This may sound a little complicated at first – it does make a lot of sense though. As “https://de.ryte.com/” is the German version, all other URLs referring to this document should consequently note this in the language code. In this case, everything’s fine – that’s why “German” is highlighted green and ticked off. Here’s an example of how it would look like if other sites would claim that “https://de.ryte.com/” is the document’s Spanish version:
Tip “Specifically identify flawed references”: You can randomly filter the table for languages. For example, click on “English” in the documents column and you get to see all English sites. Ideally, other documents should then refer to this site as their English translation. Now click on “English” in “Incoming Translations” and tag the the set filter with a minus sign. Like that, you negate the filter and will be provided with all documents that use English as language but are not referred to as English translations by other sites (or completely missing references):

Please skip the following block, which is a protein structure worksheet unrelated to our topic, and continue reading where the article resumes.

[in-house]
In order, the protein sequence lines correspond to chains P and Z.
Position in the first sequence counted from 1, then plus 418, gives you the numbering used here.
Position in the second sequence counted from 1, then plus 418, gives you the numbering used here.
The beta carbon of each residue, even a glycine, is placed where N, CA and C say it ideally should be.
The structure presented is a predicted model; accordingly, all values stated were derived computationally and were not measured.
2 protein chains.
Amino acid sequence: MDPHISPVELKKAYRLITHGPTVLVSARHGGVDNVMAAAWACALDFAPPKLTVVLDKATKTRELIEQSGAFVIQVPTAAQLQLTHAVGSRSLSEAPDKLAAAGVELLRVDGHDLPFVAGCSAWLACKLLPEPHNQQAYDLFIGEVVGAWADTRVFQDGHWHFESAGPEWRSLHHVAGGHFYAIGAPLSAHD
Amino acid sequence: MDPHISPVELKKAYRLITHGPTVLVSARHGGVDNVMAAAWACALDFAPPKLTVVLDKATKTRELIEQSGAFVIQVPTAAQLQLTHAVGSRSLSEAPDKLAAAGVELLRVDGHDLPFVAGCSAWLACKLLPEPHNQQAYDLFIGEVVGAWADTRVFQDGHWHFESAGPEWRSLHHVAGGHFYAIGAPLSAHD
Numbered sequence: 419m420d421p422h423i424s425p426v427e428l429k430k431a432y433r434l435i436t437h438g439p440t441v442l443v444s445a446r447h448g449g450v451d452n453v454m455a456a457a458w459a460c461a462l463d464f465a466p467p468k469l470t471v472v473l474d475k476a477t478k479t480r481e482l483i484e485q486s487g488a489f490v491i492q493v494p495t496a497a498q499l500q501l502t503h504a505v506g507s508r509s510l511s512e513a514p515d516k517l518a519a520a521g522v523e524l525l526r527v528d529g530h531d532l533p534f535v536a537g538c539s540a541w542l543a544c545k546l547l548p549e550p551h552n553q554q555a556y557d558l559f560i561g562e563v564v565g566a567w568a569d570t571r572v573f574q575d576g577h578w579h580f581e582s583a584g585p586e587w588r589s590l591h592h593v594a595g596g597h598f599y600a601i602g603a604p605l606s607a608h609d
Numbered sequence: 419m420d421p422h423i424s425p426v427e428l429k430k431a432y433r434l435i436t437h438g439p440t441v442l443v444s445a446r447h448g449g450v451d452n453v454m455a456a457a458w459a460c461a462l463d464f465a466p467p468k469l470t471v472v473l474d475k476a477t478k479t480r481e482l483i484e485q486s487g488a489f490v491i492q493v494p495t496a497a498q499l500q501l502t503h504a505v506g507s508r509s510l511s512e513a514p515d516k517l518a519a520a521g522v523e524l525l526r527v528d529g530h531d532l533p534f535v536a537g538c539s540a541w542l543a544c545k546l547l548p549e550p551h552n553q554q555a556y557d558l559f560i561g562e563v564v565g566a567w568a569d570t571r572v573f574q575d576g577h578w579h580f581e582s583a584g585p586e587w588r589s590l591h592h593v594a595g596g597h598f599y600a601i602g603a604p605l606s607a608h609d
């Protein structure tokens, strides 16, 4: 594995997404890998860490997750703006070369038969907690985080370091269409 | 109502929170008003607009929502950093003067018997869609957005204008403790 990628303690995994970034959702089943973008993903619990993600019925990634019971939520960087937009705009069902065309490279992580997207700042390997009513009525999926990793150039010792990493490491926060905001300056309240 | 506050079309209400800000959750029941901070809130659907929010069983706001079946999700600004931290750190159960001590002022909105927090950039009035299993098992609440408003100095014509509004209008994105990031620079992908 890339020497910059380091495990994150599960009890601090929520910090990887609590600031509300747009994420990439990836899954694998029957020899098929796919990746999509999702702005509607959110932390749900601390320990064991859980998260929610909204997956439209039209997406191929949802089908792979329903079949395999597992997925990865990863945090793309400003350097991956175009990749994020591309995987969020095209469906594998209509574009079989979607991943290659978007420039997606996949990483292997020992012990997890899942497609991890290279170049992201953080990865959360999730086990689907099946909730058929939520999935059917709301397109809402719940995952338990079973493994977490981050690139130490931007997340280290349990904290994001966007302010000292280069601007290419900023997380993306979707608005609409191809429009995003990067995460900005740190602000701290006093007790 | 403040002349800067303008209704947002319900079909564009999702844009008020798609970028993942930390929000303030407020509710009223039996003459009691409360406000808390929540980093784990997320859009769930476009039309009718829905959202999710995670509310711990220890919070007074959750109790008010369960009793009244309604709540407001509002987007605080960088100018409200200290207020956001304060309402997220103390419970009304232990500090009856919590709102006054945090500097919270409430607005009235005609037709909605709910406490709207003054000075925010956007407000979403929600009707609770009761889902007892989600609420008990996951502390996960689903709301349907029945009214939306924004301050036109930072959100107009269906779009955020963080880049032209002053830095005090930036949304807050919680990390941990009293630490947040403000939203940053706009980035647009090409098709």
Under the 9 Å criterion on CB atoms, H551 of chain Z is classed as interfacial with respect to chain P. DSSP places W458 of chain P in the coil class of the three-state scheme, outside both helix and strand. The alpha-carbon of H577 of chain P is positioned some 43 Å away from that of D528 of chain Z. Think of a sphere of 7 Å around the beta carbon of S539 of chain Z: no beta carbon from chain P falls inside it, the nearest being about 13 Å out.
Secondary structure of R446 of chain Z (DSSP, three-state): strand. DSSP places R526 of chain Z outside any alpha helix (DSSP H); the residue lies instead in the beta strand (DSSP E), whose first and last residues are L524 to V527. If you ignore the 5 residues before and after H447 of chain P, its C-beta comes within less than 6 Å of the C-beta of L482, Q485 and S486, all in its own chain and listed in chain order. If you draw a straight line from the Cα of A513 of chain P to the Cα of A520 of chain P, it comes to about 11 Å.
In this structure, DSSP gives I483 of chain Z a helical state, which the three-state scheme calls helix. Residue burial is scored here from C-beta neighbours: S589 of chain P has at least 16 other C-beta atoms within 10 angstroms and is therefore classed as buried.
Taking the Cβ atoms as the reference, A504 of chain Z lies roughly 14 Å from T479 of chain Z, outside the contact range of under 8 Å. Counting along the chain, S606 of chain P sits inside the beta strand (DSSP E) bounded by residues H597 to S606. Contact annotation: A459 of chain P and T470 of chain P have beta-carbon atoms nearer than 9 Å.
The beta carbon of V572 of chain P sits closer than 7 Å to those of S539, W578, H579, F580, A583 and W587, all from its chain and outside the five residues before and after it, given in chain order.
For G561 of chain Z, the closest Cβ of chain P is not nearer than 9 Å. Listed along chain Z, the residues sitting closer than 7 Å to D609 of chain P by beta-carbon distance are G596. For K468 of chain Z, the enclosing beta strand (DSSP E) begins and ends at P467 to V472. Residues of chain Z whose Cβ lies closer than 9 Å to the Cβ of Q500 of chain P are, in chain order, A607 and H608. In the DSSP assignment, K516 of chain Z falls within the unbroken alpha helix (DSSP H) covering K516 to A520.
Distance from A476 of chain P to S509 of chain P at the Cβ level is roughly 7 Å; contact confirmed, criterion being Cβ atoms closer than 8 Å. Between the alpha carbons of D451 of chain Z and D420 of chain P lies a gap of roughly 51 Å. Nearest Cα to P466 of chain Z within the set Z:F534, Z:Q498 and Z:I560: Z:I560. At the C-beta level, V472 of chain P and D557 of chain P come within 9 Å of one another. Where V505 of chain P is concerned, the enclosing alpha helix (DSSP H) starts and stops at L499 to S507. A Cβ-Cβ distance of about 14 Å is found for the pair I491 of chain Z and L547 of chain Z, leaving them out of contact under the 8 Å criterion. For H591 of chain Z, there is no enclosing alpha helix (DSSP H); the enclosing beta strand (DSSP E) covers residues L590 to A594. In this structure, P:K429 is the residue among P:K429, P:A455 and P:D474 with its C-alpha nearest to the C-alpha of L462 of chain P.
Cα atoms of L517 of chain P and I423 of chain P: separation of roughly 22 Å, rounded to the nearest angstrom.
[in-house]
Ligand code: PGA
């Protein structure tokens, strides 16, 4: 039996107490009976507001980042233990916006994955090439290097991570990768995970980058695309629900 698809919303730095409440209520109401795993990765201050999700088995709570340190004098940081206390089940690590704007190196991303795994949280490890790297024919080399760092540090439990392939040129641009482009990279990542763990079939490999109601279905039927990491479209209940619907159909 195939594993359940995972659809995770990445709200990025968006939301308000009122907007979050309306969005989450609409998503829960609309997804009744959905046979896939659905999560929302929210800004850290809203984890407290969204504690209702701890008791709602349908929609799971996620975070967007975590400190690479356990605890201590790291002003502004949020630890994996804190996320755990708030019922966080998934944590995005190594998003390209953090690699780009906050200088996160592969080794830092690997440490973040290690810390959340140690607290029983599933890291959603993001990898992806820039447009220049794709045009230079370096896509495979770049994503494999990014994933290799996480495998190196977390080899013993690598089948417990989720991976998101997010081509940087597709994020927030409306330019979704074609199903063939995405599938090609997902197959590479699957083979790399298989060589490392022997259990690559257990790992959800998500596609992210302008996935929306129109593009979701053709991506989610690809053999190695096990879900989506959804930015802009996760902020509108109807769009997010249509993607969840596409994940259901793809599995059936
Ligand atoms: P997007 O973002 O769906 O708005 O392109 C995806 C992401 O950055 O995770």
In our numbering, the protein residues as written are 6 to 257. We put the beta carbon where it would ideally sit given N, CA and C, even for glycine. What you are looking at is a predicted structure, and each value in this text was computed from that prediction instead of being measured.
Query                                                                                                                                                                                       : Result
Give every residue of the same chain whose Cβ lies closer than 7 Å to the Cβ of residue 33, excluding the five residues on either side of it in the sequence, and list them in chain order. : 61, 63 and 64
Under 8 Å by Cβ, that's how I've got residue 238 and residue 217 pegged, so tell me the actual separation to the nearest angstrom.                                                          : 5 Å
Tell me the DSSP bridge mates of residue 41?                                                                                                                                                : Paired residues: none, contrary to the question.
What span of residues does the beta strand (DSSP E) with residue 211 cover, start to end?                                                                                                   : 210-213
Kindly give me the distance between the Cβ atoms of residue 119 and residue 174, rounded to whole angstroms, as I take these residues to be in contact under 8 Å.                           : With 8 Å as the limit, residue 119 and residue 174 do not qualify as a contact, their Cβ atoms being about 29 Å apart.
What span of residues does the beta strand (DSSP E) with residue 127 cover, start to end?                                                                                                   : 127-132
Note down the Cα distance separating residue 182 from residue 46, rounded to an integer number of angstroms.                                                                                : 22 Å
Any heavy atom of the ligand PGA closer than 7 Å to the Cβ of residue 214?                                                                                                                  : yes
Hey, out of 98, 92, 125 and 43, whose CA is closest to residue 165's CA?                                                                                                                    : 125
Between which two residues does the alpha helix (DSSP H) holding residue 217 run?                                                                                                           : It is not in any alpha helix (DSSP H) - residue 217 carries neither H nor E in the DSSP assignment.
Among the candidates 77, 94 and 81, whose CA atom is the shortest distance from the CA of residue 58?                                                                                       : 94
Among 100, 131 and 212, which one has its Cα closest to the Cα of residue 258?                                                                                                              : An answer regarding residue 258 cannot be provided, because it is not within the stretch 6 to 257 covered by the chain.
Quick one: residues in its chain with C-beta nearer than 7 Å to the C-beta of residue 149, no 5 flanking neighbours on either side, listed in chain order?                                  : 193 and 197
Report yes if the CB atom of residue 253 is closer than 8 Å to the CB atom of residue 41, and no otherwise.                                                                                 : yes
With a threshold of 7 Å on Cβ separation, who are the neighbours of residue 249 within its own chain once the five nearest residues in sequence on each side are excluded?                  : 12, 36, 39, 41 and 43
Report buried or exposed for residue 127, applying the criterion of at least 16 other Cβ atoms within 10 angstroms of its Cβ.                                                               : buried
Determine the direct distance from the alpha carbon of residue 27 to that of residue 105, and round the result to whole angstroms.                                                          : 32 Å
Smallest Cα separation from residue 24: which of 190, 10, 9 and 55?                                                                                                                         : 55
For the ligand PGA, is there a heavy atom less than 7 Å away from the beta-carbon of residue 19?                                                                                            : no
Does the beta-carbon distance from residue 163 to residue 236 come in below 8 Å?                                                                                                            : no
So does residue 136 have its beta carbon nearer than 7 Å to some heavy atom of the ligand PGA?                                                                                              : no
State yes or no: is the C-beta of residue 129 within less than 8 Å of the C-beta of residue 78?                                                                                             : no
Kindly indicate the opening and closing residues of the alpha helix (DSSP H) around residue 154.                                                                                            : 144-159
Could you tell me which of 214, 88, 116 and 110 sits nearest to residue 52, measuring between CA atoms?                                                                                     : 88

Tip “Identify missing translations”: This report can also be used perfectly in order to find missing translations. For that to happen, you best sort by “OPR”: The better a document is linked, the more important it presumably is to translate it. If you now combine the filters with the respective language combinations, you’ll now get an overview of all sites that haven’t been translated yet or where translations haven’t been referenced yet:
Here you can see how many translations a document is referring to and how many other documents refer to this document as their translation. Ideally, the number of Translations is identical to the number of Incoming Translations. If this is not the case, you should take a closer look at it. Frequently, soft 404 pages account for a wrong number of Incoming Translations, or the translation tag has been set completely wrong and all site reference the same URL as translation.